Additionally, we conducted centrality analysis of the nodes in the network, which resulted in useful information on the systemic effect one attribute can have on the other nodes. Figure 1 shows the results, with three standardized centrality measures (degree, closeness, and betweenness). Emotional stability (reversed Neuroticism) seems to be the most central trait in this network, implying that change in this attribute (due to stress or therapy, for example) would lead to the biggest changes in the network. At the same time, it may suggest why this attribute could be difficult to change, as it is the most connected with other parts of the personality system. Depression (reversed) and Conscientiousness seem to be among most peripheral nodes, implying that change in those attributes would not lead to substantial changes in the other traits. However, three issues should be taken into account when interpreting these findings. First, is the use of cross-sectional data, based on interpersonal associations, to arrive at some conclusions about what may happen within a person (intrapersonal associations).This means that we should be cautious in making strong statements, and we should treat it more as a way to generate new hypotheses that could be tested with longitudinal data.
Secondly, it should be noted that we did not control for the fact that some of the nodes were expected to be more highly connected with others within their group (e.g. values). Lastly, at present we are showing the network based on all available data, not controlling for possible differences in connection patterns that could be due to gender, age, etc. In conclusion, in the network of different kinds of not-highly related traits, Emotional Stability is the most central trait. We believe that this approach can be used fruitfully in combination with other kinds of data, and provides richness and flexibility in accounting for complex personality structure (see Mottus & Allerhand, 2017).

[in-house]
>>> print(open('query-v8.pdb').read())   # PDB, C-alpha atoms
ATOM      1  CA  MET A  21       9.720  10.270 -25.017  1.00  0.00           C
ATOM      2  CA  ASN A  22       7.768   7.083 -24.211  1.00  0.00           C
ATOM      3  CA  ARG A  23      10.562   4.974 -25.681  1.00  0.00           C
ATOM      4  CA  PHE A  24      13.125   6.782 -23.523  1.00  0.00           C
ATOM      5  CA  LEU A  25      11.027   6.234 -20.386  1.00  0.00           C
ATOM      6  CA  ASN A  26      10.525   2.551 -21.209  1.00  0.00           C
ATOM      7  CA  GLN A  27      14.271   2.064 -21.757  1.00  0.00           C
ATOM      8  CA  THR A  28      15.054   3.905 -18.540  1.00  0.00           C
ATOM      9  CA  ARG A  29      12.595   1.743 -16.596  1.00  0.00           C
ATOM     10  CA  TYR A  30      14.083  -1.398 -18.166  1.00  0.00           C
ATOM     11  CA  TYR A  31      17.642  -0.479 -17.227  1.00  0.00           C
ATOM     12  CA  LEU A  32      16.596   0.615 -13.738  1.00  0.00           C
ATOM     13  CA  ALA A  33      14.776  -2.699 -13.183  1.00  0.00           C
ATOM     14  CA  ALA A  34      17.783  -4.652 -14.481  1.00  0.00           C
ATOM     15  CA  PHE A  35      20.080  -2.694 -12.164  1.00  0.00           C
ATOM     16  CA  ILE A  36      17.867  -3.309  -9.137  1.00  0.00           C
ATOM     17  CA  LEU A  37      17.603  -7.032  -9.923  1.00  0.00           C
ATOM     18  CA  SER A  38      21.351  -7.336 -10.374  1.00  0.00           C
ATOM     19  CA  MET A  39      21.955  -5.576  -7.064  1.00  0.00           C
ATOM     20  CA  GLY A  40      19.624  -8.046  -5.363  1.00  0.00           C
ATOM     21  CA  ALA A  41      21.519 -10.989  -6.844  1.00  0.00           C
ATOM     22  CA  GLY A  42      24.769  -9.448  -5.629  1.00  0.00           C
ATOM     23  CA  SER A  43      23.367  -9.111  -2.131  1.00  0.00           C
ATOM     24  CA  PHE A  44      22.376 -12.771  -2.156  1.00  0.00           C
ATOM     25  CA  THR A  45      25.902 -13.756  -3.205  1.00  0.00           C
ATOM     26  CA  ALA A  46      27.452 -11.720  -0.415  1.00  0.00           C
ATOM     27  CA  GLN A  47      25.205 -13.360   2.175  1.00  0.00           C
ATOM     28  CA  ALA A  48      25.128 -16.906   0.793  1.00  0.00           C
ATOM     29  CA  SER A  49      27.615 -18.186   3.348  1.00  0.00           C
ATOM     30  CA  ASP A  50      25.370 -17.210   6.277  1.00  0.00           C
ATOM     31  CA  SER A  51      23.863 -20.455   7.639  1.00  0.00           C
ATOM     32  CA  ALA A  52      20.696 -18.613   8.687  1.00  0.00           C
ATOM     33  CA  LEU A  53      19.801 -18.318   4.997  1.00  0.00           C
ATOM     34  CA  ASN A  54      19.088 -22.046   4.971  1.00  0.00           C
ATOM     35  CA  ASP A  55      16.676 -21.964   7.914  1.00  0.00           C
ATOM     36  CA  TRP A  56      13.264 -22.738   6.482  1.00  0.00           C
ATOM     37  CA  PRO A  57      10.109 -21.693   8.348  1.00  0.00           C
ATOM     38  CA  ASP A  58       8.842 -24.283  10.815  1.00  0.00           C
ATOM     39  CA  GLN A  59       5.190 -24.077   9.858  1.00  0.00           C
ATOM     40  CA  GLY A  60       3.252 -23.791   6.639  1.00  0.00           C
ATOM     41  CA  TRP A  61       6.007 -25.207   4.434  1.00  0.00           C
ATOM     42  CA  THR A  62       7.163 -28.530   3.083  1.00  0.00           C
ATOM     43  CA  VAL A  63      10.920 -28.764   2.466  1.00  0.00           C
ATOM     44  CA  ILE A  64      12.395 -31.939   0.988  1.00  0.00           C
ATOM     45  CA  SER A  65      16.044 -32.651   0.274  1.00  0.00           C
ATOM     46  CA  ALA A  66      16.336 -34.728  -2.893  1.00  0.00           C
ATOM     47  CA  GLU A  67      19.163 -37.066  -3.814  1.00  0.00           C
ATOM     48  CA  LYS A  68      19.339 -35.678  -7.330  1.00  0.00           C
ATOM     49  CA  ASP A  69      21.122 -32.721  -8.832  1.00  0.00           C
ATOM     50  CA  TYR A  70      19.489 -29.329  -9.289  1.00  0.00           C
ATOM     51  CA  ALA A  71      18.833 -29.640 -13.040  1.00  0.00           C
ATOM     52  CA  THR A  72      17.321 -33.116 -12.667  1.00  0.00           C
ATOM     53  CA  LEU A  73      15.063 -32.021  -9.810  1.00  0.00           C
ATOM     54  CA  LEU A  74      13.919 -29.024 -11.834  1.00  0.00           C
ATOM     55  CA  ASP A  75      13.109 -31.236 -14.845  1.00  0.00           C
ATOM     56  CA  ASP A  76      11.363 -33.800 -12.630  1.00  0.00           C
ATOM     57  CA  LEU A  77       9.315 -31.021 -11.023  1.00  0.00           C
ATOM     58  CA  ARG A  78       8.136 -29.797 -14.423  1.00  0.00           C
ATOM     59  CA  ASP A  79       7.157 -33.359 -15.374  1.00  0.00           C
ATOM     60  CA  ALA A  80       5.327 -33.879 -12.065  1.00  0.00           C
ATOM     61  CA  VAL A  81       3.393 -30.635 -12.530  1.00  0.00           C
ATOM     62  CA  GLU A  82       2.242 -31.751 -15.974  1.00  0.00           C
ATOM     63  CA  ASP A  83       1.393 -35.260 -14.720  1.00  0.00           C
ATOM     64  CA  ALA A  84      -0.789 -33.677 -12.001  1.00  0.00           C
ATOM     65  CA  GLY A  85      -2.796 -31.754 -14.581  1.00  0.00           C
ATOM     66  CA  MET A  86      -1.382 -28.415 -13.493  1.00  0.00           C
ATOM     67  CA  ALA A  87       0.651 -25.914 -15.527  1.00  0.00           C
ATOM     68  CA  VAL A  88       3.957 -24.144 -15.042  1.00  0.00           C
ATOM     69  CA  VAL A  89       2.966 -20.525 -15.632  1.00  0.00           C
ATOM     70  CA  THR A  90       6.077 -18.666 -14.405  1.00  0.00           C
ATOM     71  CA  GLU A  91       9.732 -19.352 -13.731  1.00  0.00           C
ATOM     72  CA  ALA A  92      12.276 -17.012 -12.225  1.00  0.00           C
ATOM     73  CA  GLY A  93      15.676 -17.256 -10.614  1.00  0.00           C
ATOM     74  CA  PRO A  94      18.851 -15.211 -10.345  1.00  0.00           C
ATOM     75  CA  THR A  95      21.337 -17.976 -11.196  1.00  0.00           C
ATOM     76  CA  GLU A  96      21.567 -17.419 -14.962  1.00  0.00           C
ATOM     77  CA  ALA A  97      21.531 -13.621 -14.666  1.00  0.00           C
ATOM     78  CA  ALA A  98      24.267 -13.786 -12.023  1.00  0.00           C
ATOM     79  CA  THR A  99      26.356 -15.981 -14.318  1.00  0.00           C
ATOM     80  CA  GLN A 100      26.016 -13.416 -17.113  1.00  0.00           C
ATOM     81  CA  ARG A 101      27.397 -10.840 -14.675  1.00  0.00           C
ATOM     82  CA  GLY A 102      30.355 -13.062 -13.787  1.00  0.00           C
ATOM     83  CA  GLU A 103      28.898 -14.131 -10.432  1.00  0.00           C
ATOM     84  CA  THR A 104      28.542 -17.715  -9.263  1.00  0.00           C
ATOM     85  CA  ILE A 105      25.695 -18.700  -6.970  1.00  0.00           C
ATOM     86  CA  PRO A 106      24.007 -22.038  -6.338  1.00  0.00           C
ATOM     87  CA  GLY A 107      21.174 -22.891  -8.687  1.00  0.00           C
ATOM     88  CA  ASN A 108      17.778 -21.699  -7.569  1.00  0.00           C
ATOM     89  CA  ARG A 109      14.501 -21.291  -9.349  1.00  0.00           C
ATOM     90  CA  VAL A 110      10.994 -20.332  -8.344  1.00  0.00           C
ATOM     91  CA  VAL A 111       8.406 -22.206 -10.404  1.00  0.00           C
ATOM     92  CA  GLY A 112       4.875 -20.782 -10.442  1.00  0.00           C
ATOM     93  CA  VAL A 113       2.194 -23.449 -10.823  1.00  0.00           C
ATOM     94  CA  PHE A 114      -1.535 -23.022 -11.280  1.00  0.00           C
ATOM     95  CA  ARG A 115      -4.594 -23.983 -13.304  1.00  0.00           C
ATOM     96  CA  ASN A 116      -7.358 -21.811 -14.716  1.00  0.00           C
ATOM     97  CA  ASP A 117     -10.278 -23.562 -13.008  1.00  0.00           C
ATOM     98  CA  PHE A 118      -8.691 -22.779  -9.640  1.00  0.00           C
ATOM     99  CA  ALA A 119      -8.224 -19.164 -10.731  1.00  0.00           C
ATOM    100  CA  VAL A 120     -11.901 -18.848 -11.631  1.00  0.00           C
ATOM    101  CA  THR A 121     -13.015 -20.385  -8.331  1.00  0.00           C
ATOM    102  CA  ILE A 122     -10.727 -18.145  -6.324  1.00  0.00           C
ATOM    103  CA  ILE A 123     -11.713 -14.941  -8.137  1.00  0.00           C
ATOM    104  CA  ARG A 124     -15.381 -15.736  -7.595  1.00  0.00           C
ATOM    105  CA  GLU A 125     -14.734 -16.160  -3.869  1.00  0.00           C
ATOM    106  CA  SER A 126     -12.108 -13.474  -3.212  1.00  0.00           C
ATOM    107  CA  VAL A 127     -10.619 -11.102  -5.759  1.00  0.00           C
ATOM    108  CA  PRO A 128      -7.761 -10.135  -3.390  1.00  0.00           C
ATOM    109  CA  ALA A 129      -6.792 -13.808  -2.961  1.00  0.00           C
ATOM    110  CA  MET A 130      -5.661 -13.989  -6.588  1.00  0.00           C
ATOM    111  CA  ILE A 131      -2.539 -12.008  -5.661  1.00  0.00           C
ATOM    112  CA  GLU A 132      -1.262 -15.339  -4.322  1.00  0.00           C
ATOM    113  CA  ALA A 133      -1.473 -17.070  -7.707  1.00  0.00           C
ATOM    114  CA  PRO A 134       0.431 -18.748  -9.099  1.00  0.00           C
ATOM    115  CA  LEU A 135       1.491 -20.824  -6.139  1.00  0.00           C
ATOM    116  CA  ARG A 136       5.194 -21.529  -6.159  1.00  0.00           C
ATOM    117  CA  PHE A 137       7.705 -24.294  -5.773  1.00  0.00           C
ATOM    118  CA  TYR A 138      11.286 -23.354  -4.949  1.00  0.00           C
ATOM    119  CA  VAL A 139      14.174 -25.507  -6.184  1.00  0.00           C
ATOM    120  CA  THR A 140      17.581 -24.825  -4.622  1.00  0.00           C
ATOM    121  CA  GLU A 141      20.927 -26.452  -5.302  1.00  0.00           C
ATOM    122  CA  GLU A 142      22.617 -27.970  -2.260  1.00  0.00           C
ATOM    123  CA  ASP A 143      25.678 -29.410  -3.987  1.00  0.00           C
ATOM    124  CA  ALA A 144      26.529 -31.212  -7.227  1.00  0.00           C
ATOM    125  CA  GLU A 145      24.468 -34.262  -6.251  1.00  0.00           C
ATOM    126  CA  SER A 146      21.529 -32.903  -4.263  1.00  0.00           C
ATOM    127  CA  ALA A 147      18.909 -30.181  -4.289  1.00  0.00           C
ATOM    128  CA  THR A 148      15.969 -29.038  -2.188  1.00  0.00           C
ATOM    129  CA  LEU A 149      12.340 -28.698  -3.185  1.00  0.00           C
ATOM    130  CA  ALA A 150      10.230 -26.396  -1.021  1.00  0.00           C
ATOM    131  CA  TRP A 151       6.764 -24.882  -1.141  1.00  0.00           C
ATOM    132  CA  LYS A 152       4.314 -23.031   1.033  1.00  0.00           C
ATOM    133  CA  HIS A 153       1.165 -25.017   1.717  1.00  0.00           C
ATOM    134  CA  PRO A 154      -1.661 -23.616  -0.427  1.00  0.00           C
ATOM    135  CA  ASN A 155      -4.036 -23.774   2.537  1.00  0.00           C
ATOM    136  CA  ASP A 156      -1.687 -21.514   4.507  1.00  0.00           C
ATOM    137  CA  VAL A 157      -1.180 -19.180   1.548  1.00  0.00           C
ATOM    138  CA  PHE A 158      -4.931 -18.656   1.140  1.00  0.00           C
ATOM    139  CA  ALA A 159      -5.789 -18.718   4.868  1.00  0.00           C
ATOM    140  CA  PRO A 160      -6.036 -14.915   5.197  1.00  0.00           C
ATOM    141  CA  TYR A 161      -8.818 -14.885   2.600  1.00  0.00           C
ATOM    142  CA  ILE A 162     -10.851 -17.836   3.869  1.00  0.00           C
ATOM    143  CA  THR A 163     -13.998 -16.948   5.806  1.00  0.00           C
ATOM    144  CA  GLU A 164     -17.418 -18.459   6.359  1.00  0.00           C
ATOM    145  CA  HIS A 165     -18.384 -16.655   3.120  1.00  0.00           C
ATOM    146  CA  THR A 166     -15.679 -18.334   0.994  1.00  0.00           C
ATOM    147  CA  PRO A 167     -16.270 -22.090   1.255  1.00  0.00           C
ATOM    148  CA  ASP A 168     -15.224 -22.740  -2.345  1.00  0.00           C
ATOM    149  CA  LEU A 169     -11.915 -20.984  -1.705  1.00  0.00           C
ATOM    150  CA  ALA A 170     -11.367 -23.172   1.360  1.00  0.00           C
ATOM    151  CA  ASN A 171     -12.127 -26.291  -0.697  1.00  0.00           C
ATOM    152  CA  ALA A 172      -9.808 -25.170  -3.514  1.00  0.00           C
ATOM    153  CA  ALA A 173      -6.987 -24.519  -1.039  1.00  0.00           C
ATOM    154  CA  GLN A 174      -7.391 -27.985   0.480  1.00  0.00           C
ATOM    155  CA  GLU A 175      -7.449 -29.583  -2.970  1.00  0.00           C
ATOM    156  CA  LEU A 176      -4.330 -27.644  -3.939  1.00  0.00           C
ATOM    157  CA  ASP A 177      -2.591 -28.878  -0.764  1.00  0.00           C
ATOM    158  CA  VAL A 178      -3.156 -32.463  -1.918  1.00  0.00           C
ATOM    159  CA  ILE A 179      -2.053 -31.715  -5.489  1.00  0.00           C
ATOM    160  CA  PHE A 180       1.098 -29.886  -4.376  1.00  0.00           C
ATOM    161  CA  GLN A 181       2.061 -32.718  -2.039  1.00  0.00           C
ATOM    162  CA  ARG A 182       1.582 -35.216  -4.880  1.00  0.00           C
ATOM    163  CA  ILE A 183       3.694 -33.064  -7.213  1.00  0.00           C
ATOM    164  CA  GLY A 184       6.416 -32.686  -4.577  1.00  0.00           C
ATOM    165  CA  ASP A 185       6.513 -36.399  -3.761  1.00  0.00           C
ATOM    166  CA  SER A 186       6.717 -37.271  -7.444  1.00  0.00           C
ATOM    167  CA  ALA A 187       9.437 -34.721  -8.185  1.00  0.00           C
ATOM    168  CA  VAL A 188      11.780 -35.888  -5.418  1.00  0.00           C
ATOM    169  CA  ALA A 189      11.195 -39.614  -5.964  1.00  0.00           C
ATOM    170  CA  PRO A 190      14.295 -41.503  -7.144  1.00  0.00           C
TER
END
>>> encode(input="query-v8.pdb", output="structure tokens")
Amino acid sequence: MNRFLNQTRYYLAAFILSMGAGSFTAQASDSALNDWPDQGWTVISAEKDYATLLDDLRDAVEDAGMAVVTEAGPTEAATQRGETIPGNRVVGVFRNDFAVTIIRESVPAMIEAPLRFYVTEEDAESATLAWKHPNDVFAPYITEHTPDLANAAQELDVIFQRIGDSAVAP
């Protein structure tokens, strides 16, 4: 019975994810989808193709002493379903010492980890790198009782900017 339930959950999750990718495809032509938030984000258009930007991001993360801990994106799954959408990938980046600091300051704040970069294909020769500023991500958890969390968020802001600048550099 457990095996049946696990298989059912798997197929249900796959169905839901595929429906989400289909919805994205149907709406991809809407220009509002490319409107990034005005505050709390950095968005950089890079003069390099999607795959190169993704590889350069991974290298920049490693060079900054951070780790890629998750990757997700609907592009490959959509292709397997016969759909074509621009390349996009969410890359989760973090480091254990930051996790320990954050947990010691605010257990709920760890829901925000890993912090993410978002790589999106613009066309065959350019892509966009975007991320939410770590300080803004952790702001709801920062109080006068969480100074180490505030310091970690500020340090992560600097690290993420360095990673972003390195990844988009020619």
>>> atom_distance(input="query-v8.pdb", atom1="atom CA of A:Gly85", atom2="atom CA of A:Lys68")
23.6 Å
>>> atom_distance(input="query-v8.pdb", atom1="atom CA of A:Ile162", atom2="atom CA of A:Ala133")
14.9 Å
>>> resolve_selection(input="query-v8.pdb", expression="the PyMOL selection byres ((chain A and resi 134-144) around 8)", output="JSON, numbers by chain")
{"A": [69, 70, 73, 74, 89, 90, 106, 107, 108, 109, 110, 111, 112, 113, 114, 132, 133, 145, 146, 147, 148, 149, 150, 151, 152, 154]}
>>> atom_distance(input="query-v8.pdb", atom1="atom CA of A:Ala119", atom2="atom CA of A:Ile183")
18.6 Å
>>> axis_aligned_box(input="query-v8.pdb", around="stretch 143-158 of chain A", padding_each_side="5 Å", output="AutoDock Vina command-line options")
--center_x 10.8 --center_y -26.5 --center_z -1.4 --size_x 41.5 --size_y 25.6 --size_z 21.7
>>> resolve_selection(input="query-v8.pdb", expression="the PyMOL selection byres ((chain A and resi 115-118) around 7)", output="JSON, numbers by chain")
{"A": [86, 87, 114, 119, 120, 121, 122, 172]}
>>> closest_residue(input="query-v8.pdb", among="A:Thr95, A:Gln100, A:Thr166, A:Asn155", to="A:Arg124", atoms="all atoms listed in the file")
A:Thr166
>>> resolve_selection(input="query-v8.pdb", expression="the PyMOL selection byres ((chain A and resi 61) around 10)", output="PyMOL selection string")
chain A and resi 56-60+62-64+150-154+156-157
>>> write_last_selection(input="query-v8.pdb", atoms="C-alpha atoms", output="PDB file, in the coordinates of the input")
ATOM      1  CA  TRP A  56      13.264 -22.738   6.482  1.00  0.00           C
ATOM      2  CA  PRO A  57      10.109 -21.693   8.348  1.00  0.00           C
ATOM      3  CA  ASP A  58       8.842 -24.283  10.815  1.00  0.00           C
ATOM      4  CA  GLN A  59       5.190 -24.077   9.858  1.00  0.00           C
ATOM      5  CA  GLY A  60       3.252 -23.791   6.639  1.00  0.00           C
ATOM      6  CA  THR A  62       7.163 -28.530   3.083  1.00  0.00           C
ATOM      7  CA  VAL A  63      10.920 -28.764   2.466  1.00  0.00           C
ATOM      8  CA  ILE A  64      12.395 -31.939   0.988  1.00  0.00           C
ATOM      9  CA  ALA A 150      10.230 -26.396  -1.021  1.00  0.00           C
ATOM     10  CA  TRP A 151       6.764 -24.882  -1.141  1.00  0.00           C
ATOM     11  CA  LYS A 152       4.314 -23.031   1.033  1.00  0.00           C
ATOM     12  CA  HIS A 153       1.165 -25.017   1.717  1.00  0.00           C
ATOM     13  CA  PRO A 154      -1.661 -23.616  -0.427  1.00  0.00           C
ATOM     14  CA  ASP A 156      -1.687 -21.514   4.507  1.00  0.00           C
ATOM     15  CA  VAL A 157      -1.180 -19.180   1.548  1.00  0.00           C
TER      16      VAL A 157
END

Epskamp, S., Cramer, A.O.J., Waldorp, L.J., Schmittmann, V.D., Borsboom, D. (2012). qgraph: Network visualizations of relationships in psychometric data. Journal of Statistical Software, 48, 1-18.
Epskamp, S., Maris, G.J.K., Waldorp, L.J., Borsboom, D. (2016). Network psychometrics. In Irwing, P., Hughes, D., and Booth, T. (2016). Handbook of Psychometrics. New York: Wiley.
Epskamp, S., Borsboom, D., Fried, E.I. (2017). Estimating psychological networks and their accuracy: a tutorial paper. Behavior Research Methods. https://doi.org/10.3758/s13428-017-0862-1
Epskamp, S., Fried, E. (in press) A Tutorial on Regularized Partial Correlation Networks. Submitted for publication to journal Psychological Methods.
Friedman, J., Hastie, T., Tibshirani, R. (2008). Sparse inverse covariance estimation with the graphical lasso. Biostatistics, 9, 432-441.
Mõttus, R., & Allerhand, M. (2017). Why do traits come together? The underlying trait and network approaches. In V. Zeigler-Hill & T. K. Shackelford (Eds), SAGE handbook of personality and individual differences: Volume 1. The science of personality and individual differences. London: SAGE.